[0027] This subsequent light radiation in the form of a pulse end portion of reduced irradiation intensity or of at least one, but preferably more than one light pulses is dimensioned with regard to its power or energy such that, given a predetermined size of the irradiation zone, the removal threshold value of the tissue is not reached.

[0028] According to a refinement of the invention, at least one pulse with low irradiation intensity is used for this. In order that the tissue is not removed and is only heated, pulses with such a low irradiation intensity that, as a result of the heat conduction, the energy per element of volume accumulated at the surface remains below Habl, i.e. the irradiation intensity remains below the threshold value required for removal.

[0029] To estimate the upper limit of the irradiation intensity, it may be assumed that the energy H occurring per element of volume results from the supply of energy produced by light absorption and an energy loss proportional to H: 1Ht=μ·I0-1τ·H.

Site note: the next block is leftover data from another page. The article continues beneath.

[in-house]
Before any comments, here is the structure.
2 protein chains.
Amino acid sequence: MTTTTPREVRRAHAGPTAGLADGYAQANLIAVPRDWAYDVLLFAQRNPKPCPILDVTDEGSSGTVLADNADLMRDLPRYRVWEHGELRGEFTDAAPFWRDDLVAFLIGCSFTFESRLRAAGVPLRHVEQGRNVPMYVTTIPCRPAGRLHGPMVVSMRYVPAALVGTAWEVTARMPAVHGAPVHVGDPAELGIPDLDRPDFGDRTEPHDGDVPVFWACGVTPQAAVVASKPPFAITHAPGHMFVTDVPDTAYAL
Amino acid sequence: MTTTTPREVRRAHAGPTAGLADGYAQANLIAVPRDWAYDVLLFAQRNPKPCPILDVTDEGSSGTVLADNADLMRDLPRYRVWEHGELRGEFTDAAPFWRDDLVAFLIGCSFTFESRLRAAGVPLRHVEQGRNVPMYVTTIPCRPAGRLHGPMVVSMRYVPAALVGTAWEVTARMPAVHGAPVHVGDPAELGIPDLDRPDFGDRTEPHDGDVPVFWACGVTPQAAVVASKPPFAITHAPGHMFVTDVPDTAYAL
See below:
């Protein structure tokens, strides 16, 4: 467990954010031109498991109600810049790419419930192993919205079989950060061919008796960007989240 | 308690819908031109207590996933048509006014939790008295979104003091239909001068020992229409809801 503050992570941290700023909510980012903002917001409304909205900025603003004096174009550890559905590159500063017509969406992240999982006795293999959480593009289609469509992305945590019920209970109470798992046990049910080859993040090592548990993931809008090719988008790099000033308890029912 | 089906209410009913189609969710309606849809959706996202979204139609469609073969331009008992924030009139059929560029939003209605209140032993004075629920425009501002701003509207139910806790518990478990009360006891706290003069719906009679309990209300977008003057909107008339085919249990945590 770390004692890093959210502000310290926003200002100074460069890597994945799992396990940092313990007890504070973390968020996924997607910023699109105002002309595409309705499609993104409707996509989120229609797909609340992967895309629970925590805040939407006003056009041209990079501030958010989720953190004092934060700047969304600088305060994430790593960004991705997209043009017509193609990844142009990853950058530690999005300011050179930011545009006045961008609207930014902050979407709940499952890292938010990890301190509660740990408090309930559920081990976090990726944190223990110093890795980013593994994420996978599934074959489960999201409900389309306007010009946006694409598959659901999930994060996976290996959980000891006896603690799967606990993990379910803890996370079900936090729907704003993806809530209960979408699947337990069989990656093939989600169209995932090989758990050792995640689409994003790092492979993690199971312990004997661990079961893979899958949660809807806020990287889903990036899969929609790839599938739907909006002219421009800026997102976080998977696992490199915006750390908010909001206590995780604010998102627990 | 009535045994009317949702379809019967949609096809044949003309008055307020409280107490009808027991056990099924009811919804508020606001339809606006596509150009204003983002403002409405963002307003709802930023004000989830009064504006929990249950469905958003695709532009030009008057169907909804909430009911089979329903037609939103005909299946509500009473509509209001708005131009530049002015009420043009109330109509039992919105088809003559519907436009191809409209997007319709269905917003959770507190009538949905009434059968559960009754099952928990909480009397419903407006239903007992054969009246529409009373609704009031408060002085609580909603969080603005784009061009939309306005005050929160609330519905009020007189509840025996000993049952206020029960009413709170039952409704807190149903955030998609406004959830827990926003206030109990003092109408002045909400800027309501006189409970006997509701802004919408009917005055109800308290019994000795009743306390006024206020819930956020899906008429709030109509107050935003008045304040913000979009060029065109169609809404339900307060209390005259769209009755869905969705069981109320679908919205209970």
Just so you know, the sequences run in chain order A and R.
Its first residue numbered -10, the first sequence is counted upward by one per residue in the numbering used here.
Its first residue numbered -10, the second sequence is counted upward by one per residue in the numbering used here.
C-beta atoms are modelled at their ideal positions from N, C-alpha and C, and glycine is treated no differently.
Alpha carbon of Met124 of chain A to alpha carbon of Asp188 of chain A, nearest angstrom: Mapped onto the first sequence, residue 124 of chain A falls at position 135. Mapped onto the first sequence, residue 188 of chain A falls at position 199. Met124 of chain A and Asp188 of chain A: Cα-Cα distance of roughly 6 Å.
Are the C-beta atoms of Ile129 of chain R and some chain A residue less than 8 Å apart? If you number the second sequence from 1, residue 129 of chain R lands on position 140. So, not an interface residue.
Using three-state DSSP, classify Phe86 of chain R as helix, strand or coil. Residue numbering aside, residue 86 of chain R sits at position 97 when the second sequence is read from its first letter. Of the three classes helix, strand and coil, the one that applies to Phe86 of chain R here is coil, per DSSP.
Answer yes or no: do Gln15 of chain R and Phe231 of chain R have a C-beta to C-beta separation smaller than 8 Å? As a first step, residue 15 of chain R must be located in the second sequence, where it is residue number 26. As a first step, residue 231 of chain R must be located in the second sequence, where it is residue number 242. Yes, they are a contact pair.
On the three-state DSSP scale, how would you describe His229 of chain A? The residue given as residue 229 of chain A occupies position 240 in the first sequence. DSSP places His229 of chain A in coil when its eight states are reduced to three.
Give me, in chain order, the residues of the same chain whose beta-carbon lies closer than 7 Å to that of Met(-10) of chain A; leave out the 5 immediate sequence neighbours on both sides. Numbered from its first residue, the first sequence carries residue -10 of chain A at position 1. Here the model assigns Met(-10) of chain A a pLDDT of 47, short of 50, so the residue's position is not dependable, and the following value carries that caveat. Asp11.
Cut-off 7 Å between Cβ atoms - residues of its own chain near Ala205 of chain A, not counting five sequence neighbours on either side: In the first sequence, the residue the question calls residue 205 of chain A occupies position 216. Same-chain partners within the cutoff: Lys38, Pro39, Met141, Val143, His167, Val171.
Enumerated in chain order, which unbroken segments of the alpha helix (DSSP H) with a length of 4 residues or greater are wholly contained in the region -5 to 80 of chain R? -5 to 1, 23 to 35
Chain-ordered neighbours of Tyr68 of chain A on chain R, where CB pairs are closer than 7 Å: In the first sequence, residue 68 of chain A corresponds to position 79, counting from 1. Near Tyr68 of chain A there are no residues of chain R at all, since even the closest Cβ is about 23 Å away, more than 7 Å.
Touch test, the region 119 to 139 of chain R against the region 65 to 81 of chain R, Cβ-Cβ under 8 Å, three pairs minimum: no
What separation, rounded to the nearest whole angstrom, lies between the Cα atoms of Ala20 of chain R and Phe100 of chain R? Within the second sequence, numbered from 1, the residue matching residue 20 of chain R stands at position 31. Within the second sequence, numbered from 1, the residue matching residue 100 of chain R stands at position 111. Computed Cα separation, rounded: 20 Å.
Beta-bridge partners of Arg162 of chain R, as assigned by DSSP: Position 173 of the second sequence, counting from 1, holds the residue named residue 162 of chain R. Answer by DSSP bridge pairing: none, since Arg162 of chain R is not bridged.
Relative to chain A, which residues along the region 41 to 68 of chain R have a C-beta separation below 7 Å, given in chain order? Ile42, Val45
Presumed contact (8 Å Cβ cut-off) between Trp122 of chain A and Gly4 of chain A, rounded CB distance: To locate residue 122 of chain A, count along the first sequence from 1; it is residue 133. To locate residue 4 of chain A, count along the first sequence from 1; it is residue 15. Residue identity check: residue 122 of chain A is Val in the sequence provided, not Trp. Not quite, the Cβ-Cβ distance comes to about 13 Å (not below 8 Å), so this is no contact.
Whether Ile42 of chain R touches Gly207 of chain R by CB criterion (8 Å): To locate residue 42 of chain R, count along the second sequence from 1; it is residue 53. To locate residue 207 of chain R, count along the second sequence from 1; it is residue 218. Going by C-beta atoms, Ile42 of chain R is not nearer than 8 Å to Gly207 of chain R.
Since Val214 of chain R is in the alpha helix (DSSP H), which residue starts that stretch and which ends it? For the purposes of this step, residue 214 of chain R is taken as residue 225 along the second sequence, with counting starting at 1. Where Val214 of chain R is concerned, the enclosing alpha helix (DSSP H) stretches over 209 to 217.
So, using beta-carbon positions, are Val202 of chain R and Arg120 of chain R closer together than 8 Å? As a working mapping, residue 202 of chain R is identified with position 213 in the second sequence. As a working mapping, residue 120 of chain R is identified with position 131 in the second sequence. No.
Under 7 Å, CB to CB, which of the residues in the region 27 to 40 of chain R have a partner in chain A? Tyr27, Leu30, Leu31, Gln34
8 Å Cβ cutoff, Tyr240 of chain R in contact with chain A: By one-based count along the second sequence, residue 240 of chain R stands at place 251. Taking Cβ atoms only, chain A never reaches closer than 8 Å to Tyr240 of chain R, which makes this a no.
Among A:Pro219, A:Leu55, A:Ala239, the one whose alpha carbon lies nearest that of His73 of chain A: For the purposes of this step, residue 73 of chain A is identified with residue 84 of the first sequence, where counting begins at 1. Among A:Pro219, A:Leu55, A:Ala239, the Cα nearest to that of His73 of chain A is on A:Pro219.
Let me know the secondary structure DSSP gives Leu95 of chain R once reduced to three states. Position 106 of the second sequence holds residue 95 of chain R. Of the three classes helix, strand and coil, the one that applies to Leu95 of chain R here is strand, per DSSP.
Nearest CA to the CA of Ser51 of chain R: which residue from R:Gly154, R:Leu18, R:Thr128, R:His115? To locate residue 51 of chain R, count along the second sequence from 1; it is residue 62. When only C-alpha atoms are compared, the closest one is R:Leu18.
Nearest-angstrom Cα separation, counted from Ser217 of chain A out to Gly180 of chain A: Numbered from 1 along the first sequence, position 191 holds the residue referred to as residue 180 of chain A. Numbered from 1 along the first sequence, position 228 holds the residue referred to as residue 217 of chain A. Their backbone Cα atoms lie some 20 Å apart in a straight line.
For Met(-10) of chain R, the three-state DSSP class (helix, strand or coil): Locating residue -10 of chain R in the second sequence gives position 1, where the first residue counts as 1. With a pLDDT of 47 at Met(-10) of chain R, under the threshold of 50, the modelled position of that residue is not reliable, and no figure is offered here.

[0030] (I0: irradiation intensity, μ: coefficient of absorption).

[0031] The thermal relaxation time τ used as the proportionality factor for the rate of loss can be estimated from the known formulae. It decreases quadratically with the heated volume, and therefore with increasing μ. The threshold value of the irradiation intensity IS is reached when, in the state of equilibrium (dH/dt=0) , the energy density at the surface is equal to Habl. It thus follows from the above equation that: 2IS=Hablμ·τ

[0032] For the Er:YAG laser, the thermal relaxation time of the issue can be estimated as a few μs for the beginning of the irradiation, so that the remaining values (see above) give an irradiation intensity IS in the kWcm−2 range. With increasing enlargement of the heated region, IS then decreases. The exact progression is difficult to calculate here. For a layer of a thickness of, for example, 80 μm, the thermal relaxation time is about 30 ms, which leads to a maximum permissible irradiation intensity of about 5 Wcm−2. An advantageous refinement of this alternative is therefore a progression with decreasing irradiation intensity. The irradiation intensity (power) and the duration of the pulse then determines the extent of heating.